EMCs Software Revenues Jump 64 Percent

The storage giant's second-quarter profits more than double to $193 million thanks to strong software sales.

Buoyed by its commitment to deliver software-rich information lifecycle management products to storage customers, EMC Corp.s second-quarter earnings showed a dramatic 64 percent increase in software sales from one year ago.

EMC reported results of $1.97 billion in total consolidated revenue for the second quarter during a call with financial analysts on Tuesday. The figure represents a 33 percent increase from the $1.48 billion reported for the second quarter of 2003. Net income for the second quarter totaled $193 million—136 percent higher than the second quarter in 2003.

Much of that growth is directly attributed to strong performances by EMCs Clariion network storage system, which featured $326 million in revenues for a 43 percent increase year-to-year; EMCs Open Software portfolio; and VMWare virtualization technology, which accounted for $47 million at a 200 percent jump year-to-year, noted Joe Tucci, president and CEO of Hopkinton, Mass.-based EMC.

"Underpinning all this growth is a very strong market reception for our information lifecycle management strategies and solutions," said Tucci in the earnings teleconference. "Clearly, having a large cadre of hardware and software products that address customer information needs from the lower mid market to the very high-end enterprise market was key to our success."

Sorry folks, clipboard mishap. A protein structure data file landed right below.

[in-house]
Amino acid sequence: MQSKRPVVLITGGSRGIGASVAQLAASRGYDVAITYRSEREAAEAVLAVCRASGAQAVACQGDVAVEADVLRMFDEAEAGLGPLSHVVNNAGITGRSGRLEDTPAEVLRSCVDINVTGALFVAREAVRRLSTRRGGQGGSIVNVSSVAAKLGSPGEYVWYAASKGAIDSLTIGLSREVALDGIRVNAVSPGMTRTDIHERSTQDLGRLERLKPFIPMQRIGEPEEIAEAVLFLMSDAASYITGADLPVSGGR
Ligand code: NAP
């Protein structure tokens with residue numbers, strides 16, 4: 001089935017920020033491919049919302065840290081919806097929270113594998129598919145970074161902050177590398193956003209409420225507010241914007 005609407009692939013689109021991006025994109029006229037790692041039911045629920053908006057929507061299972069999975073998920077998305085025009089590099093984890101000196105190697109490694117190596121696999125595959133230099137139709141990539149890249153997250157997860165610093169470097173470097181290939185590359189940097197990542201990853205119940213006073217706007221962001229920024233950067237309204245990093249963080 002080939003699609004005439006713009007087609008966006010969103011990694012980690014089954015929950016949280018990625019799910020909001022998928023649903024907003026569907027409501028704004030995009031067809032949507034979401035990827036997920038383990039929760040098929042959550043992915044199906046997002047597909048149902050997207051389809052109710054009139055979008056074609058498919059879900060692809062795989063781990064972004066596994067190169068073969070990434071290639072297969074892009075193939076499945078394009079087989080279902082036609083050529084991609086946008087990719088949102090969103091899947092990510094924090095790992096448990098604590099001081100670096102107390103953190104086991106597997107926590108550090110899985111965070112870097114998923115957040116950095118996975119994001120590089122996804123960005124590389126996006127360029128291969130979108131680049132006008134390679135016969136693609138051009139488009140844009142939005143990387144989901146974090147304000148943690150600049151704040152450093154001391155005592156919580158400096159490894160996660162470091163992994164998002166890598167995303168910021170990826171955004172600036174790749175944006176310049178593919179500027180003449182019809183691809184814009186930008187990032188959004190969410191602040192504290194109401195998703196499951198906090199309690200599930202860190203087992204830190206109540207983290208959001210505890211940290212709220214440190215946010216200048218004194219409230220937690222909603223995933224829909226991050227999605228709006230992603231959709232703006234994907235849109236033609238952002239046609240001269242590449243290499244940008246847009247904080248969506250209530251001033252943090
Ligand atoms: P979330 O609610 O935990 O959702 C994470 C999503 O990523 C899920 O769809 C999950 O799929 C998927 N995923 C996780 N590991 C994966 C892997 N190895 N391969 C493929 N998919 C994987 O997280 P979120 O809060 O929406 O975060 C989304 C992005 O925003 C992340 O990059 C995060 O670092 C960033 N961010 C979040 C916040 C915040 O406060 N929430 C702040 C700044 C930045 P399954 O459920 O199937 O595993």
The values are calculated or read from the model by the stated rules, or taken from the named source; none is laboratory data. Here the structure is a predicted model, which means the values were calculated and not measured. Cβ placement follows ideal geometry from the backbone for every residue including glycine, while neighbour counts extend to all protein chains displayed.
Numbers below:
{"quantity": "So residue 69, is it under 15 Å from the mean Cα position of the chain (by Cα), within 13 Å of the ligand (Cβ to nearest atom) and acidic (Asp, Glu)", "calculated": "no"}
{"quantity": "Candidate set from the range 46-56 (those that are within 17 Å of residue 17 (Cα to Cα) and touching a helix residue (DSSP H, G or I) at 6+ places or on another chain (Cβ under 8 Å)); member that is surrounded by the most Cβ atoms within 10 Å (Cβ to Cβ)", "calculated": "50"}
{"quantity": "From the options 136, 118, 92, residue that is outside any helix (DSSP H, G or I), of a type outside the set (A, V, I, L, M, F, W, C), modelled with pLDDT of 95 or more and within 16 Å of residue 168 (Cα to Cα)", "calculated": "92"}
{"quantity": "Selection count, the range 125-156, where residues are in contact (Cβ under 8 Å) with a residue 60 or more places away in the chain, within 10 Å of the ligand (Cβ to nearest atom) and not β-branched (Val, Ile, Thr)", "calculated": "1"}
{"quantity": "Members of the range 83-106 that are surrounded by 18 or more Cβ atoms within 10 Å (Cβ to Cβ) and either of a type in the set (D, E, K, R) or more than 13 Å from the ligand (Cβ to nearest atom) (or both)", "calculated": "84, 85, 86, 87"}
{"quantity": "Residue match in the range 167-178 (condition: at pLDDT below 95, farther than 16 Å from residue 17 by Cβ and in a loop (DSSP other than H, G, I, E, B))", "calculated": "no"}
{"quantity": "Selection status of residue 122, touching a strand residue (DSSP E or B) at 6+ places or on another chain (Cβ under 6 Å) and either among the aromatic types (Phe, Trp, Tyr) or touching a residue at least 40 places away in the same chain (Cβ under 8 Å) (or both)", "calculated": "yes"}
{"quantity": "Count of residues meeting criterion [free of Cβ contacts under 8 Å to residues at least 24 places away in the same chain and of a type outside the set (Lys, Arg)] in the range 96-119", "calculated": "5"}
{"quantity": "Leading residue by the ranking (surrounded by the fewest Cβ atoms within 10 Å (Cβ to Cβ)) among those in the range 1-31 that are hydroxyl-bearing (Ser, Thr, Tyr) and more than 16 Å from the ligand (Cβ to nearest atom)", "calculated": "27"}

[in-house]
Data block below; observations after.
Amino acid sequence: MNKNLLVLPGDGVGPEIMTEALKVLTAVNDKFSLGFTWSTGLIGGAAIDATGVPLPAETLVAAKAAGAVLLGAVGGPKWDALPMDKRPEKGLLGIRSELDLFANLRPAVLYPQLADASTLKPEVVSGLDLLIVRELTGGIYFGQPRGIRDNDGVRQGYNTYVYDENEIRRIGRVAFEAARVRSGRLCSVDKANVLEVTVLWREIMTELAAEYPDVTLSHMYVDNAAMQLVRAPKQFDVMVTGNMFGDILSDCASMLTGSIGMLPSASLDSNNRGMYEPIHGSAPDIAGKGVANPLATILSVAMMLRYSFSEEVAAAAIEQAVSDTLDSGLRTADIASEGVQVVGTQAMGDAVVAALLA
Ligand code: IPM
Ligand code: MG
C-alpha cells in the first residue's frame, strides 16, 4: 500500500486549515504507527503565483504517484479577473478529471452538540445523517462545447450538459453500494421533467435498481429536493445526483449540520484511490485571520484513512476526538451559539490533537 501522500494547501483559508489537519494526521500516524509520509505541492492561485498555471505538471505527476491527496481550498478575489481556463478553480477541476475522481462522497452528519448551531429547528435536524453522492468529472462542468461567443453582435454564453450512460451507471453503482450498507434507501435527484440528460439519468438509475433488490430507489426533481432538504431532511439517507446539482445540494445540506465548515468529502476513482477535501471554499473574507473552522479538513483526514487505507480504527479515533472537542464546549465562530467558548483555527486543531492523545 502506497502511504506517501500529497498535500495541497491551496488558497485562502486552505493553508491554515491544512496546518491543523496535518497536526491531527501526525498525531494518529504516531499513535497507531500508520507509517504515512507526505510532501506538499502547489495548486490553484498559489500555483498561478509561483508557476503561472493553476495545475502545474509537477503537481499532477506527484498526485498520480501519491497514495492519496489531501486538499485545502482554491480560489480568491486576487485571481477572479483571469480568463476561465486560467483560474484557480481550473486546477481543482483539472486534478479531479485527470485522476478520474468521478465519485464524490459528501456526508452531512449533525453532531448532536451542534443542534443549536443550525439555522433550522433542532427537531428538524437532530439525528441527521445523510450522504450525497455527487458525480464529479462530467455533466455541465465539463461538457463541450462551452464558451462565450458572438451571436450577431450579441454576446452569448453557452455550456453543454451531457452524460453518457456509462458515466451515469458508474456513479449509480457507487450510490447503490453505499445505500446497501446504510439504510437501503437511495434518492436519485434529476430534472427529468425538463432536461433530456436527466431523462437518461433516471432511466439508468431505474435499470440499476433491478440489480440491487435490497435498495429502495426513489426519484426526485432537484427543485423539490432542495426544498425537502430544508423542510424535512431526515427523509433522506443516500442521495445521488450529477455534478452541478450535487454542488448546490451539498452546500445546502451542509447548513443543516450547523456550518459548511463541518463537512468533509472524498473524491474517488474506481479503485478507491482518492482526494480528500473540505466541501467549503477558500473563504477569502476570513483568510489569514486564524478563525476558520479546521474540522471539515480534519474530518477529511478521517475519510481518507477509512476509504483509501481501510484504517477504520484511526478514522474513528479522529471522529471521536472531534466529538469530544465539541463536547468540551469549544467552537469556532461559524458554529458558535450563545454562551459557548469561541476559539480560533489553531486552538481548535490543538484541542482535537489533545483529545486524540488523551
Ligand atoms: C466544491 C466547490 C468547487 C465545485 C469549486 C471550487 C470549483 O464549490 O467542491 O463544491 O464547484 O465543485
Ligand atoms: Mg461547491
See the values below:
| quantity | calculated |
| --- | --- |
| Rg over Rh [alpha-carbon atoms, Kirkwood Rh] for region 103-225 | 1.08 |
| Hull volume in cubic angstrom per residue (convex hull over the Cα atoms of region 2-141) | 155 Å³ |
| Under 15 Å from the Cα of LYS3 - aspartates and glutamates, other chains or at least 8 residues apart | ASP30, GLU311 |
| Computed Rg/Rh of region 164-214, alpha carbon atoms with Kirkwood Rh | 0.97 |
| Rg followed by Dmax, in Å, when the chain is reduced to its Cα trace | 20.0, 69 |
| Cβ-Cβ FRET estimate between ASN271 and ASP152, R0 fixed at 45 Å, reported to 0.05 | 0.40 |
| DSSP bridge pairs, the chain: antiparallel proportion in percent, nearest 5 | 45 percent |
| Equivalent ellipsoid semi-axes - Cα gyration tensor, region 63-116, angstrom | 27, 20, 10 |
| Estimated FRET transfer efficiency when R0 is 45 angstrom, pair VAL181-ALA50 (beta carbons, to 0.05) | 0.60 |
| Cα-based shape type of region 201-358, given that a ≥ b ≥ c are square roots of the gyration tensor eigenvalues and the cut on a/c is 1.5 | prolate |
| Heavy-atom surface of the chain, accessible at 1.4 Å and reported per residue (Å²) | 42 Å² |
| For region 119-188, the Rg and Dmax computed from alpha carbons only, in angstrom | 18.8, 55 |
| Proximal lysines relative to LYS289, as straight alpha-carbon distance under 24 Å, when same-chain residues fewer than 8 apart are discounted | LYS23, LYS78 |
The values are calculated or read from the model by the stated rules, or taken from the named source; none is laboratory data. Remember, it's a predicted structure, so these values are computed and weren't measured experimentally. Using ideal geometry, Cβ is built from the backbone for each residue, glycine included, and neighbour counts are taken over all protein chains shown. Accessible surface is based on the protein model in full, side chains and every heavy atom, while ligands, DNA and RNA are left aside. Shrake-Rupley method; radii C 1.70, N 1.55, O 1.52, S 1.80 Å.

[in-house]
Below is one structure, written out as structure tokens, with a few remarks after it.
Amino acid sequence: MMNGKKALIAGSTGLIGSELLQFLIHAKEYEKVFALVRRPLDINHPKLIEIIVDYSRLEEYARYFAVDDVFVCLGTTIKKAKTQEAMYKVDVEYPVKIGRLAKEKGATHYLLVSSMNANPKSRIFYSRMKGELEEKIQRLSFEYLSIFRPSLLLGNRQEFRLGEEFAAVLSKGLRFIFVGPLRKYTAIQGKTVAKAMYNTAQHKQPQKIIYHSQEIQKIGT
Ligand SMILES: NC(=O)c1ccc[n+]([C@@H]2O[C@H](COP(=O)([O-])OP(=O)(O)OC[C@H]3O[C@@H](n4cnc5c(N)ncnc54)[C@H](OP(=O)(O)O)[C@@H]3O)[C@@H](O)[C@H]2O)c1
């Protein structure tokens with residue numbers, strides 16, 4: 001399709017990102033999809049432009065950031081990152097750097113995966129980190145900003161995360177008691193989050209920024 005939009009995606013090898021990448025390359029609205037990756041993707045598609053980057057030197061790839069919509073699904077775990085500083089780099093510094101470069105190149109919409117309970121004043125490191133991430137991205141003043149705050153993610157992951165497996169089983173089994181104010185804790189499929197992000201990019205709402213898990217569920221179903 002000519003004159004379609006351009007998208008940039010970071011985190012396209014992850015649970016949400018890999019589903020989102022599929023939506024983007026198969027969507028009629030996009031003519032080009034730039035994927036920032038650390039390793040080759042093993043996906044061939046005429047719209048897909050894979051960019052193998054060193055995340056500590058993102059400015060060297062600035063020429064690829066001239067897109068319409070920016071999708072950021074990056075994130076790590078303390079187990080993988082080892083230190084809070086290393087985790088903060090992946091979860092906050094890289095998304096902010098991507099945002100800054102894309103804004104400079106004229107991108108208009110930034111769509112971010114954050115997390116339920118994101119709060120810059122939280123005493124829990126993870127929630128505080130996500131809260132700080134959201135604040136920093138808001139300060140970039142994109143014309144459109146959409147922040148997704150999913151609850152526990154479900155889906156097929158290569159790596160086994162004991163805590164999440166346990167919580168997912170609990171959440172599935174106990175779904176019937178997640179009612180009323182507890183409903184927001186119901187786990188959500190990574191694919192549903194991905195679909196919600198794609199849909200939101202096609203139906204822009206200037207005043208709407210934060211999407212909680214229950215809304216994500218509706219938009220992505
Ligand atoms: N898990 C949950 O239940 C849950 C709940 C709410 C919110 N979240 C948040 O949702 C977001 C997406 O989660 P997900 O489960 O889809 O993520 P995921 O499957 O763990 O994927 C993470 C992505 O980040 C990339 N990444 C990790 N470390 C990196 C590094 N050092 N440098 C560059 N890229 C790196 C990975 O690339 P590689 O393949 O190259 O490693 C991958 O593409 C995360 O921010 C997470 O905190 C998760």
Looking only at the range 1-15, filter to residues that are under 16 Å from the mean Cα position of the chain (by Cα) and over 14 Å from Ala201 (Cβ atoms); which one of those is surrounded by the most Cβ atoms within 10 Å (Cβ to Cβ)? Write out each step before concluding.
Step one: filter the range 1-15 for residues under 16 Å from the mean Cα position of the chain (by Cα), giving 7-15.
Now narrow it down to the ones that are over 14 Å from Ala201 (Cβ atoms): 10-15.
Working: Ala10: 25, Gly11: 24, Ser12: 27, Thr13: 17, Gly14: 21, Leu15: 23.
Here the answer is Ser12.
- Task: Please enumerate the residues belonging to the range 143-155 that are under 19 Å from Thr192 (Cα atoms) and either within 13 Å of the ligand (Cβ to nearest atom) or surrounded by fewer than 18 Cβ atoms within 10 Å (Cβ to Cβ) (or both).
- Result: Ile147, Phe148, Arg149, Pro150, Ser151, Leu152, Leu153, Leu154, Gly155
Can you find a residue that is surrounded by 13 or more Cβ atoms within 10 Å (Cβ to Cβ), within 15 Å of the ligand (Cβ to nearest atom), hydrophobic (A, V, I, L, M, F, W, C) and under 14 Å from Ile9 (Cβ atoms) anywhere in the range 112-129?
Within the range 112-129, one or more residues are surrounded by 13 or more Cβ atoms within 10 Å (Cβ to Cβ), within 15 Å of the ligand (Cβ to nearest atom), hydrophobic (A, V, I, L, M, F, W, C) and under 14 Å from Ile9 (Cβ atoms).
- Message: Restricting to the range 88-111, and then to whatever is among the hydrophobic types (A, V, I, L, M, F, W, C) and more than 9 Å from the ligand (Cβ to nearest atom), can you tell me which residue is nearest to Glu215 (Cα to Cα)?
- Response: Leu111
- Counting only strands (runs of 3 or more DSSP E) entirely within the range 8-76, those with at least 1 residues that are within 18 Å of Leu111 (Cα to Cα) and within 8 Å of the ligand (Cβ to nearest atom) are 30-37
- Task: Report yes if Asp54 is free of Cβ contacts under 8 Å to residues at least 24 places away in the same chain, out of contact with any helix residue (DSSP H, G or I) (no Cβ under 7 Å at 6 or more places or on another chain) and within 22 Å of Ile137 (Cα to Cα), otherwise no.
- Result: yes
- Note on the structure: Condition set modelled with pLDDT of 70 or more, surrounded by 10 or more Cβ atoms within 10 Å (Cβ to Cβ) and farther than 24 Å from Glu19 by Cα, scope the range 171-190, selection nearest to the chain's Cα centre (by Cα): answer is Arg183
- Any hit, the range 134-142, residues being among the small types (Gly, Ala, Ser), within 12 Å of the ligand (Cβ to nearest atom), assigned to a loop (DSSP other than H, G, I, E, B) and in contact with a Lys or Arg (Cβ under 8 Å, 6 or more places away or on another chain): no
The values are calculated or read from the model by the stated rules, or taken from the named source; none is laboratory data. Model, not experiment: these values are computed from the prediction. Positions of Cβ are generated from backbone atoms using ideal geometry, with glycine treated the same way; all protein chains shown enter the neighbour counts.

EMCs multiplatform software revenue climbed 139 percent from the second quarter of 2003 to play a significant role in this years second-quarter earnings by notching revenues of $262 million. The category is of special interest to the newly formed EMC Software Group business unit in charge of EMCs Documentum, Legato Software, and Open Software operations.

Legato Software recorded a 13 percent sales increase, reaching $86 million in the second quarter of 2004. For its part, Documentum registered $78 million in sales for the quarter. Despite a 14 percent climb year-to-year in revenues, Tucci said Documentum must battle through sluggish large enterprise license sales cycles to slightly rebound and establish a stronger growth pattern next quarter.

Excluding product and service revenue from VMWare, Legato Software, and Documentum, core EMC revenue grew 19 percent from its second-quarter totals in 2003.

In the second quarter of 2004, EMCs systems revenues climbed 16 percent to $930 million from $804 million in 2003, as customers began the task of re-architecting storage infrastructure toward consolidation and a more concerted management approach. Services delivered by the storage behemoth showed a significant spike over that same 12-month span totaling $498 million for 52 percent growth from $328 million in the second quarter of 2003.

EMCs forecasted third-quarter outlook features consolidated revenues of approximately $2 billion. The storage maker is targeting full-year revenues of $8.1 billion and a full-year net income of $850 million, excluding a first-quarter charge of $25 million, officials said.


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